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Analysis of genetic variability and mapping of point mutations in influenza virus by the RNase A mismatch cleavage method.

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PMC
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  • Biology
  • Medicine
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Abstract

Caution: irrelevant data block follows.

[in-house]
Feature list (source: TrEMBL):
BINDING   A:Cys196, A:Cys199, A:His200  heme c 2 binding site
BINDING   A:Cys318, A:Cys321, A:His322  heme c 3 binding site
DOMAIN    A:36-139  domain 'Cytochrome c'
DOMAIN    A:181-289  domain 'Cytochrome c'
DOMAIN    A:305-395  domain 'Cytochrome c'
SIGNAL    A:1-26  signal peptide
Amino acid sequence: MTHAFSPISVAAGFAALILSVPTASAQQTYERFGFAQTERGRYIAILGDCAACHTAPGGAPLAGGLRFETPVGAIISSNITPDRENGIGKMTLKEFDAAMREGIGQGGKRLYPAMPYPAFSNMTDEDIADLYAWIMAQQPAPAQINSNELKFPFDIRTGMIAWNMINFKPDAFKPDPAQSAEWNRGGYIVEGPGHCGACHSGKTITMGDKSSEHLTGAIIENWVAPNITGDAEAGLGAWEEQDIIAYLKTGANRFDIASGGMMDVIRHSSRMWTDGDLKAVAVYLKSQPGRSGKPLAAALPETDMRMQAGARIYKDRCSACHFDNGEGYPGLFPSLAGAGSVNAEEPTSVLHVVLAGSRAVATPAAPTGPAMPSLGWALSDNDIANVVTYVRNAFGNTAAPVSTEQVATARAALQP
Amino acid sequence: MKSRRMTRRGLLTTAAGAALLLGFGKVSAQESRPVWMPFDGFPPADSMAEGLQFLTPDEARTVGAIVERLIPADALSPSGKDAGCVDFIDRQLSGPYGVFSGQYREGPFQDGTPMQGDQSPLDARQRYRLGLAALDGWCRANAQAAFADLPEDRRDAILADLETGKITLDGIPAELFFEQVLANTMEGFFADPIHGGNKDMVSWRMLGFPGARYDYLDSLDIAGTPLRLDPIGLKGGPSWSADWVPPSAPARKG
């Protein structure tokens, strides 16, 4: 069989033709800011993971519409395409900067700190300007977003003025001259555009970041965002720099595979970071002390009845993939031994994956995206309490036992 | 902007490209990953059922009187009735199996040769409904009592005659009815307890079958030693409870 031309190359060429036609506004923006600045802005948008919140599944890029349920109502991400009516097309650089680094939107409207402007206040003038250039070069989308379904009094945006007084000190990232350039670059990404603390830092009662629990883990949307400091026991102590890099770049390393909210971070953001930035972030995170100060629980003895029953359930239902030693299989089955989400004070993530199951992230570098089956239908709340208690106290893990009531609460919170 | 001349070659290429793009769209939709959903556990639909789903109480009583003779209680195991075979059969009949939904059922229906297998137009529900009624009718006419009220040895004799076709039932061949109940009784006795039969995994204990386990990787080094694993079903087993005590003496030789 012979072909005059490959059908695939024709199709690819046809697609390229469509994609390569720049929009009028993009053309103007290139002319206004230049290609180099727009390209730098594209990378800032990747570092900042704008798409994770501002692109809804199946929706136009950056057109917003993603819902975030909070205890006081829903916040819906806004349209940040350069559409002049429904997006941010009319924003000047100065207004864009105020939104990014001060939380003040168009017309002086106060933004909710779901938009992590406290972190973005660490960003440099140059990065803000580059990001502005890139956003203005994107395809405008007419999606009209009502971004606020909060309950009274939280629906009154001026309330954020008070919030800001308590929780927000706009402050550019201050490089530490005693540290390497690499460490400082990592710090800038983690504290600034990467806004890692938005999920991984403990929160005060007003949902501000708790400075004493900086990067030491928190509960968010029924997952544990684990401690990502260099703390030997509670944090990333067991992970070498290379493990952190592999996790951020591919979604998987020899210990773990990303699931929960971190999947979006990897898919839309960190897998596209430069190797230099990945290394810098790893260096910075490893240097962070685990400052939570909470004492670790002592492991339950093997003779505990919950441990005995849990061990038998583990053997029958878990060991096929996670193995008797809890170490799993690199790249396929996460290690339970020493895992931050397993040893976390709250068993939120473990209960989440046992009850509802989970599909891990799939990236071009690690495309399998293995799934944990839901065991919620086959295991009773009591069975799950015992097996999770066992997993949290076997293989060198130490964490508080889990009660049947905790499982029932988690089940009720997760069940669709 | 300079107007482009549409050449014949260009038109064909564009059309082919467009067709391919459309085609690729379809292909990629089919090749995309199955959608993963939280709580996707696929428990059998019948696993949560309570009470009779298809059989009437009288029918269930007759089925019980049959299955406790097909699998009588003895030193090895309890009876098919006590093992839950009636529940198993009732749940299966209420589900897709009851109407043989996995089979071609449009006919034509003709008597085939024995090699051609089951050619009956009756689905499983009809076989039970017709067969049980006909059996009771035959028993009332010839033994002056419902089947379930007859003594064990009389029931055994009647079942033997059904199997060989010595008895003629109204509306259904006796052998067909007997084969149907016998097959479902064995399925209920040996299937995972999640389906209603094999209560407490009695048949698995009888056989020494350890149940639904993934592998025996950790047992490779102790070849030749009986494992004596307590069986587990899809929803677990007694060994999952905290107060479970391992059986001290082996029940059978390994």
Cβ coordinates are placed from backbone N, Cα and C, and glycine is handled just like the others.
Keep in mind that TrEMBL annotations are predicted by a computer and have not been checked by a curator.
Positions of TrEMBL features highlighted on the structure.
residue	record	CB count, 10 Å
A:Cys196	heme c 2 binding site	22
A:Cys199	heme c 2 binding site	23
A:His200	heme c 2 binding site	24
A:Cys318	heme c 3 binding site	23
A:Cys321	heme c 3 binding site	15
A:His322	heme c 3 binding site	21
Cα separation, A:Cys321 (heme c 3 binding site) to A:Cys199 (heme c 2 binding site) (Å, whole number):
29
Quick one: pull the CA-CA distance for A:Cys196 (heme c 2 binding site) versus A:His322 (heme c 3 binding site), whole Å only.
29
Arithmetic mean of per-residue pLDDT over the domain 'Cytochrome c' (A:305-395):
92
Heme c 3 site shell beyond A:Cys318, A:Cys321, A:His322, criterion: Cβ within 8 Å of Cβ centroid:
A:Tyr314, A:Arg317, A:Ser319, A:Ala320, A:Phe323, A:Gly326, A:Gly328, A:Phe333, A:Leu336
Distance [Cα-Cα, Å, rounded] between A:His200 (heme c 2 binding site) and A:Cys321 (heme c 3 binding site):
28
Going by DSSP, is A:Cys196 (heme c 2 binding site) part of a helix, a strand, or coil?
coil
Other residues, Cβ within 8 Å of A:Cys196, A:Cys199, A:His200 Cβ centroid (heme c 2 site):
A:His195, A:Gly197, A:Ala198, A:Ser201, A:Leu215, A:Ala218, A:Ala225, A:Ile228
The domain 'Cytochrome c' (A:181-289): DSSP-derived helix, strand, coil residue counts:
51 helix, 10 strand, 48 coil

We have applied the RNase A mismatch cleavage method to analyze genetic variability in RNA viruses by using influenza virus as a model system. Uniformly labeled RNA probes synthesized from a cloned hemagglutinin gene of a given viral strain were hybridized to RNA isolated from other strains of characterized or uncharacterized genetic composition. The RNA.RNA heteroduplexes containing a variable number of base mismatches were digested with RNase A, and the resistant products were analyzed by denaturing polyacrylamide gel electrophoresis. We show that many of these single base mismatches are cleaved by RNase A, generating unique and characteristic patterns of resistant RNA fragments specific for each of the different viral strains. Comparative analysis of the cleavage patterns allows a qualitative estimation of the genetic relatedness and evolution of field strains. We also show that cleavage by RNase A at single base mismatches can readily detect and localize point mutations present in monoclonal antibody-resistant variants. This method should have wide applications in the study of RNA viruses, not only for epidemiological analysis but also in some diagnostic problems, such as characterization of phenotypic mutants.

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